Bob Bradley is a person who play with players that he feels very comfortable, That is why he keep using his players that he knows best and like Kartik says he used player from the USSF youth System. He always use (Beasley, Bocanegra, Sasha, Broinstein, M. Bradley) all this come from either Chicago Fire or Chivas USA. and of course even tho Donovan and Dempsey are good players they know or think that they are Irreplaceable. Donovan sometimes he so Premadona that he think he is the best free kicker we have in this Team. Not only I think that Bob Bradley keep a grude with some players for Samples (Adu, Cooper, Orozco, Arturo Alvarez, Benny B.) all this guy have one thing in common and that is that either they had make a mistake that cause something to the USMNT or in the Youth USNT. For Example Benny, Alvarez, Adu and Orozco had problems before with Nowak in the Olimpic team or in DC United. and Now Cooper and Torres had some kind of problem with Bradley in the USMNT Camp or in a game. Anyway we as supported and as fan on the USA we need to know why are these player are been left behind or bench. Sunil have to start thinking that if this keep going on we are not going to have player with good talent on the field but we always going to be the laughing stock of the World of Football (Soccer). Noone is going to think that we are a legit team. Believe when I hear spanish comentator in ESPN español, Fox Soccer Network., Fox Español and even on GolTV. We are an emberrassment and they think we don’t belong on a the Big stages. what the heck they don’t even want to talk about team USA or mention anything about it. And why is this, cause if have an Idiot as President of the USSF who doesn’t know or even play soccer in his entired life. A Coach that never play either, that never play in a world cup or even professionally. I’m getting tired of this Idiots. And now the question is what can we do as fan and spectator of Good Football to correct this problem, Should their be a change of presidency of USSF and coach of the USMNT. Who is above Sunil G… ANGRY FAN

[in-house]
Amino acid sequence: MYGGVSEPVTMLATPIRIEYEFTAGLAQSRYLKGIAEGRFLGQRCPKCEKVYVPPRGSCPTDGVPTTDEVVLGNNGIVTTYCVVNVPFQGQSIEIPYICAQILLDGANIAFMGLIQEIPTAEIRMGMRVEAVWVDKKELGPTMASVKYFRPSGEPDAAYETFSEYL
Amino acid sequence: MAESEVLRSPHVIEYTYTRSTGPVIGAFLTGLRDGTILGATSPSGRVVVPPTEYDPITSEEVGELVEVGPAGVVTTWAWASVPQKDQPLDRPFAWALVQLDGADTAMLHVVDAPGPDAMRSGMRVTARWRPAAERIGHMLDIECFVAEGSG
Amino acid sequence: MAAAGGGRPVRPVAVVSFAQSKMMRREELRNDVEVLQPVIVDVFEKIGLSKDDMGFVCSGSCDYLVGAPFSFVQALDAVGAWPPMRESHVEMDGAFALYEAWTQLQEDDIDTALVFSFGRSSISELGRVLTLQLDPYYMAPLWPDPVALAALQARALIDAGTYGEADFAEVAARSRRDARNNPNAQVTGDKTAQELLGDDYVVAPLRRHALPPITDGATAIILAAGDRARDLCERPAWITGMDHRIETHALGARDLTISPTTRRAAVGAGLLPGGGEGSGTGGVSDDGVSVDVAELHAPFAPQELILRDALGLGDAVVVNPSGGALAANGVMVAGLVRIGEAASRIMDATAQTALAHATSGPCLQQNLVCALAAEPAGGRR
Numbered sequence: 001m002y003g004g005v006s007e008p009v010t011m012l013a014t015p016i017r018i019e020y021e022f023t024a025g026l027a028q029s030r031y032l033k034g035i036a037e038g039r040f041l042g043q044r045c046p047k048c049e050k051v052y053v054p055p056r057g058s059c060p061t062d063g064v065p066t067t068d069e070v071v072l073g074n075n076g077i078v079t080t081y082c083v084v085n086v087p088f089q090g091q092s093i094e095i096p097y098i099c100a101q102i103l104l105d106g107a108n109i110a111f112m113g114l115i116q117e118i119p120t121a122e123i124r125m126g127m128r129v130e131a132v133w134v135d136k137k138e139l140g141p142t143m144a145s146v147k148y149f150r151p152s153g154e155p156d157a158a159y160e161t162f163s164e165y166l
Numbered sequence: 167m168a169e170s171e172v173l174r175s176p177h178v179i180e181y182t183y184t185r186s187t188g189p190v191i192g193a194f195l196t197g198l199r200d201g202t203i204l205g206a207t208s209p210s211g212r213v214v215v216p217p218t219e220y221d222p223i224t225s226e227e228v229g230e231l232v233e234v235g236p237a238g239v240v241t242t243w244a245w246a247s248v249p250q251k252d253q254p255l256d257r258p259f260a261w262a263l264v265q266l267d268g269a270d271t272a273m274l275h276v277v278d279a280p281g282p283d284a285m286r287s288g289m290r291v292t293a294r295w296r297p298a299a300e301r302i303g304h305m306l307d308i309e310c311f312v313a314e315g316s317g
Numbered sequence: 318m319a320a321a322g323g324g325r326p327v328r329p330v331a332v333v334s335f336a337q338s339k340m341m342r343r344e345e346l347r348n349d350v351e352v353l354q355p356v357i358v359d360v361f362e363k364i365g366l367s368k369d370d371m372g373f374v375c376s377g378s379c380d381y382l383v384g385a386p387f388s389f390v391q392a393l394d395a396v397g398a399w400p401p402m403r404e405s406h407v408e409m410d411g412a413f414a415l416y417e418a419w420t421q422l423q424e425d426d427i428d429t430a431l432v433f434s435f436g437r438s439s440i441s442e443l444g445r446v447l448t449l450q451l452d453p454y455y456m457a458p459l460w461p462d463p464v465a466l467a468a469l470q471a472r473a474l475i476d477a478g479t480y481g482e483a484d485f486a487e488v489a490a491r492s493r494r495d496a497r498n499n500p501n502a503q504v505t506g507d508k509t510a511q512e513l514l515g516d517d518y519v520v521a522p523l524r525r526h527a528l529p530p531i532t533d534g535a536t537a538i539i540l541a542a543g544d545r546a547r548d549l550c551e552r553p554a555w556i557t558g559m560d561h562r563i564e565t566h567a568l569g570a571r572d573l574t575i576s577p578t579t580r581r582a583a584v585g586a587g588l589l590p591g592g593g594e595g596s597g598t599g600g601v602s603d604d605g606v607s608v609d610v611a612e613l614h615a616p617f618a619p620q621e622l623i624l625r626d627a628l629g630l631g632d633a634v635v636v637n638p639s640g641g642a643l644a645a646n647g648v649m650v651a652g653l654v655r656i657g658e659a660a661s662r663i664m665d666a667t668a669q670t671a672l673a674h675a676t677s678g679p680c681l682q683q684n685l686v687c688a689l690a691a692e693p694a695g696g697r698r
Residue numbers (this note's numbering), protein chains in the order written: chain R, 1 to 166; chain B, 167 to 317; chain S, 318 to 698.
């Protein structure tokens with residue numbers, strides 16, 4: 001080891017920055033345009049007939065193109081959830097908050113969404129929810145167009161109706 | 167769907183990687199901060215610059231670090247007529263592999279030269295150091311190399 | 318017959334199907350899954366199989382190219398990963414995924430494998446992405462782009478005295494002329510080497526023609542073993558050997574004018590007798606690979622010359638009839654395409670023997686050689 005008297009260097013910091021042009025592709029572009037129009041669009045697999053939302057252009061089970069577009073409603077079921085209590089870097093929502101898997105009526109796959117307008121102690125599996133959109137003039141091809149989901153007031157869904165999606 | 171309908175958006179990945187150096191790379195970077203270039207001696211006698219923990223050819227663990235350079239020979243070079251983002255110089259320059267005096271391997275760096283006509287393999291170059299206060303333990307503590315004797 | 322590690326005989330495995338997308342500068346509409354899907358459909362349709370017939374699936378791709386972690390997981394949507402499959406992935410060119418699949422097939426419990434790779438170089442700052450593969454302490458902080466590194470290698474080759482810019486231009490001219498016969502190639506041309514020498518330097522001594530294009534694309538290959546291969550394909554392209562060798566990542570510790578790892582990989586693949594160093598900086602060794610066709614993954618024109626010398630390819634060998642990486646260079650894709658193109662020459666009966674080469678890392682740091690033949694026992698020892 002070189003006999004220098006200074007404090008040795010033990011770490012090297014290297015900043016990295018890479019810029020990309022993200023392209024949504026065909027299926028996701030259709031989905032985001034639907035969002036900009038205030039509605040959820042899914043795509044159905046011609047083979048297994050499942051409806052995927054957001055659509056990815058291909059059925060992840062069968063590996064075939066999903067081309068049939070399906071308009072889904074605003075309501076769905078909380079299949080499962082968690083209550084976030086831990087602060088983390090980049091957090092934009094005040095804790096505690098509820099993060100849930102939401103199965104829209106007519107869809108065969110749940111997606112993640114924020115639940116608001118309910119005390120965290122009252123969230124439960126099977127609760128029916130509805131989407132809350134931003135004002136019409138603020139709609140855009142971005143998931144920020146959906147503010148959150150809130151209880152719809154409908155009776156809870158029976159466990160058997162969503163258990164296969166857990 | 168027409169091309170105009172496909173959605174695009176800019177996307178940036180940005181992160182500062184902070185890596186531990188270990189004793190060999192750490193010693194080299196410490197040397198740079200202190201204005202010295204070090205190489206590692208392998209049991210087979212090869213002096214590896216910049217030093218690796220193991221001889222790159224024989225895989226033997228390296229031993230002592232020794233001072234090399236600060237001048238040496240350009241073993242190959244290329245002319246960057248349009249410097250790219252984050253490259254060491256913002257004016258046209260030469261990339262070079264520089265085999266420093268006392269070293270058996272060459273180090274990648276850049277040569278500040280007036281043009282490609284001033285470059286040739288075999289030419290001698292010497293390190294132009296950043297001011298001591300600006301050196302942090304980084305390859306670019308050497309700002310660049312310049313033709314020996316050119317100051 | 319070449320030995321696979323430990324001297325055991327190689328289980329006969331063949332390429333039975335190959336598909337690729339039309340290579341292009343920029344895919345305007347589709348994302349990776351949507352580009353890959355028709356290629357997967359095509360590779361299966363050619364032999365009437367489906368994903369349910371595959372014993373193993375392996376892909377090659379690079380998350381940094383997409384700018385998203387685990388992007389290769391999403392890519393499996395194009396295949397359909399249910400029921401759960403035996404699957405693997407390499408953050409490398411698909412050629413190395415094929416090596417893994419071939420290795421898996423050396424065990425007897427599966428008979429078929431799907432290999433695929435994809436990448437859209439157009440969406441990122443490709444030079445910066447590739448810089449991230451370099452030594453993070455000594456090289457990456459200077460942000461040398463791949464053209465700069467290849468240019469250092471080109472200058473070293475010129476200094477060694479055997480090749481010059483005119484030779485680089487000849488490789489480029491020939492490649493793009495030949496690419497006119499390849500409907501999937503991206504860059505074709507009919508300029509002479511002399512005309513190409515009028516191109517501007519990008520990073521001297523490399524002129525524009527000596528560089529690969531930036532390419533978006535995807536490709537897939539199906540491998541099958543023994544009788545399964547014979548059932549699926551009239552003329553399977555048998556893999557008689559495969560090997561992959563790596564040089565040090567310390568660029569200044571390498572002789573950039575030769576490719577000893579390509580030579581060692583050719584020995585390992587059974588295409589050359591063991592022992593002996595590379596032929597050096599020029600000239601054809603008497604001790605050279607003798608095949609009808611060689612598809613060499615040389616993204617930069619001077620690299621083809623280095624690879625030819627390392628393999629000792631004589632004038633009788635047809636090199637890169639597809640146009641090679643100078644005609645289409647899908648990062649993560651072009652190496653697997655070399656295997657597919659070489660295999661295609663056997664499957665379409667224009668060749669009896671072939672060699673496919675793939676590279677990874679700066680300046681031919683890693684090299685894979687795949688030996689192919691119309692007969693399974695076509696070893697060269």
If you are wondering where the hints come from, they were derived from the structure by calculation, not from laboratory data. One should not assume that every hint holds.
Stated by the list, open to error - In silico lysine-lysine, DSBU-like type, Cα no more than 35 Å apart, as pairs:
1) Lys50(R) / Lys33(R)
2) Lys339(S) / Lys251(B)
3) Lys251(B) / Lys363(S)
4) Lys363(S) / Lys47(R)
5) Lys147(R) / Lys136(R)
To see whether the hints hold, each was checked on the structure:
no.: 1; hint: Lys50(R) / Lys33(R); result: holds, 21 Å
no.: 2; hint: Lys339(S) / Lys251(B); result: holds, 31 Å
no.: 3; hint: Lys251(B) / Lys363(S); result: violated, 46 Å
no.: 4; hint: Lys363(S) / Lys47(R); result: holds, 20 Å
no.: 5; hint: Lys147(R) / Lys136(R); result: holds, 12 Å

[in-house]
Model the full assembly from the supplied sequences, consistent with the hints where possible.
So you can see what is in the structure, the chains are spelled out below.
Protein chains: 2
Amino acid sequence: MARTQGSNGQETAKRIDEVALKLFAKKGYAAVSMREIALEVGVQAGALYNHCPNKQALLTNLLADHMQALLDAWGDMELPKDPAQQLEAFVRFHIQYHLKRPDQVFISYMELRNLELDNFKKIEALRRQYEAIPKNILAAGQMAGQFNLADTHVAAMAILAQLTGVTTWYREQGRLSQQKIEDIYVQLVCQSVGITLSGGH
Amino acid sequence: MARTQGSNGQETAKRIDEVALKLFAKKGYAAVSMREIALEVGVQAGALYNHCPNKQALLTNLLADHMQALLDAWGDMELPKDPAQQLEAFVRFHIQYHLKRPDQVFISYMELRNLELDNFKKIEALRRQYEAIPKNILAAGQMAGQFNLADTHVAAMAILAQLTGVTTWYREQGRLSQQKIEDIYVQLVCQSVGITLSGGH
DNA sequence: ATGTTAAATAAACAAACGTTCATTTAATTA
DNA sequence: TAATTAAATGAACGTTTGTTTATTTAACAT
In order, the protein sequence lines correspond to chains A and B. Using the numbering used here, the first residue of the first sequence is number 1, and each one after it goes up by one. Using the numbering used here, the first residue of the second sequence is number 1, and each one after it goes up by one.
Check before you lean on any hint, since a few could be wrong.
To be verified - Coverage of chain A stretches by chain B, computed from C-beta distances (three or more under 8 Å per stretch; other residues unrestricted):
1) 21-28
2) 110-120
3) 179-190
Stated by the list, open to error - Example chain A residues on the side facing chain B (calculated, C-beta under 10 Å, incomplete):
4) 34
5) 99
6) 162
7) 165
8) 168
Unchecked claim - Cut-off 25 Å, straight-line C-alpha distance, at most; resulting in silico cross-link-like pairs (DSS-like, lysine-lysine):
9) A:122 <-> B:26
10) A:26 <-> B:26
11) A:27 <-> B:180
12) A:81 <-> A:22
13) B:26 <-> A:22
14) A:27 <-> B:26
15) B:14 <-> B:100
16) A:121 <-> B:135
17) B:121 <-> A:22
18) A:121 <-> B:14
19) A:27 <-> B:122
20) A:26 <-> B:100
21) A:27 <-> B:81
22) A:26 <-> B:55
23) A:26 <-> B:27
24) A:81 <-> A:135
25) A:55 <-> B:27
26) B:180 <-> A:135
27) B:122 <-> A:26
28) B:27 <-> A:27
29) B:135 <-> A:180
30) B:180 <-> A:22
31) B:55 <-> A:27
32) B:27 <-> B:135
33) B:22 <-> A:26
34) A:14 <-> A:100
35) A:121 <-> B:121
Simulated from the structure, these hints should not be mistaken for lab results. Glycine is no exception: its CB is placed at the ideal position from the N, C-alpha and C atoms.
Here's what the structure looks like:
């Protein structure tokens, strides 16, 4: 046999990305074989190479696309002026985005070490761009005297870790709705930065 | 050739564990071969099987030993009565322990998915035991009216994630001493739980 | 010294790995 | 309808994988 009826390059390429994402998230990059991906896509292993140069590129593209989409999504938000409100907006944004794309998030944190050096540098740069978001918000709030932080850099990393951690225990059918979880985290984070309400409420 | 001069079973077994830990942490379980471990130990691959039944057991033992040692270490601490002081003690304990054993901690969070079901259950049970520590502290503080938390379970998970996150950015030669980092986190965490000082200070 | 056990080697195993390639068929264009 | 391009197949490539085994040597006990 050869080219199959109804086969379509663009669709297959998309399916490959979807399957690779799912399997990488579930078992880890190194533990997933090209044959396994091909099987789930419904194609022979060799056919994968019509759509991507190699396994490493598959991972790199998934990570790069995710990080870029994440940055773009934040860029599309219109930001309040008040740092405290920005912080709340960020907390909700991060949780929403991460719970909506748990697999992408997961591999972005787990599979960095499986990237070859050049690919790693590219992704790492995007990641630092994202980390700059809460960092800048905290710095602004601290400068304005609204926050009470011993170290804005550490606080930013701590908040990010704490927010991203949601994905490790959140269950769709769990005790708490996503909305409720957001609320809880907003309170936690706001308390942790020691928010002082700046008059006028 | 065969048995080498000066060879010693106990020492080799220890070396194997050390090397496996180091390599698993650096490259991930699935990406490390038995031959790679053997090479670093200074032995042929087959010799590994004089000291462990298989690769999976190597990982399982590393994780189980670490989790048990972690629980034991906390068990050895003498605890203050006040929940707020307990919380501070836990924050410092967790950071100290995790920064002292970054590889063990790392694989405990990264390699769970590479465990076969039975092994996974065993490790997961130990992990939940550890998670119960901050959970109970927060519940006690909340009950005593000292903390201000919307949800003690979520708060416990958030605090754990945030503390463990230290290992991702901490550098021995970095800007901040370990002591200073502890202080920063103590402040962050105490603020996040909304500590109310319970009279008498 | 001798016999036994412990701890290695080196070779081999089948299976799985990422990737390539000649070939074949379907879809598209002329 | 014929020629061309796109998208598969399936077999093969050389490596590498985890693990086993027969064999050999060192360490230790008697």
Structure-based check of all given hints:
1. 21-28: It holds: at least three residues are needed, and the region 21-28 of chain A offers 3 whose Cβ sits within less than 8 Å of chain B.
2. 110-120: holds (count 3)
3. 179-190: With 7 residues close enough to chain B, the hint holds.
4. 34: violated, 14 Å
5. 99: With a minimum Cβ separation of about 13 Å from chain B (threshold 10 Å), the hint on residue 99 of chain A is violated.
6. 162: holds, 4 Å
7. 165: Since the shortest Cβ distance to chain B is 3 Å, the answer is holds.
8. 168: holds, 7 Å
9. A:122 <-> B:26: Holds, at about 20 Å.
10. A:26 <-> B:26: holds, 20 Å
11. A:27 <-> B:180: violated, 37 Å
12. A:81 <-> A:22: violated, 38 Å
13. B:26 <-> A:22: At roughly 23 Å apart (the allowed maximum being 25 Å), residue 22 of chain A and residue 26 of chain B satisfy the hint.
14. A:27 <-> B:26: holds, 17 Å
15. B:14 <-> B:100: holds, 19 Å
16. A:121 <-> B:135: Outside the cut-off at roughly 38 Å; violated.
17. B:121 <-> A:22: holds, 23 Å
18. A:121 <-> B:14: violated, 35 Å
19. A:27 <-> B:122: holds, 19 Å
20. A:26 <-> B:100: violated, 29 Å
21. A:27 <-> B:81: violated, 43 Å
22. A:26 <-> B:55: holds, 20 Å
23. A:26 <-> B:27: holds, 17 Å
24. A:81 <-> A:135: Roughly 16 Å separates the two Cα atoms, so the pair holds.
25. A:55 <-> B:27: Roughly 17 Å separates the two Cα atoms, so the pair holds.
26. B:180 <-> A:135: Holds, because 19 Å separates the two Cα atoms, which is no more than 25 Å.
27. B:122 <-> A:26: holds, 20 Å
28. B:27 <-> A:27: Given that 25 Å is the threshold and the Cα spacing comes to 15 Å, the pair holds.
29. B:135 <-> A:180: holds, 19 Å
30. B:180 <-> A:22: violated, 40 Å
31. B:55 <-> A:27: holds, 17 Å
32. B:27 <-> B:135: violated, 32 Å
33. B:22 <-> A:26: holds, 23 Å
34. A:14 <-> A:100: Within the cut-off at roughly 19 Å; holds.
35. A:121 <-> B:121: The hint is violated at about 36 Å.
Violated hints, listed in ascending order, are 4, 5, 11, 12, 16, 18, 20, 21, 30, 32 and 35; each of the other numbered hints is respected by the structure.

31. HJAORM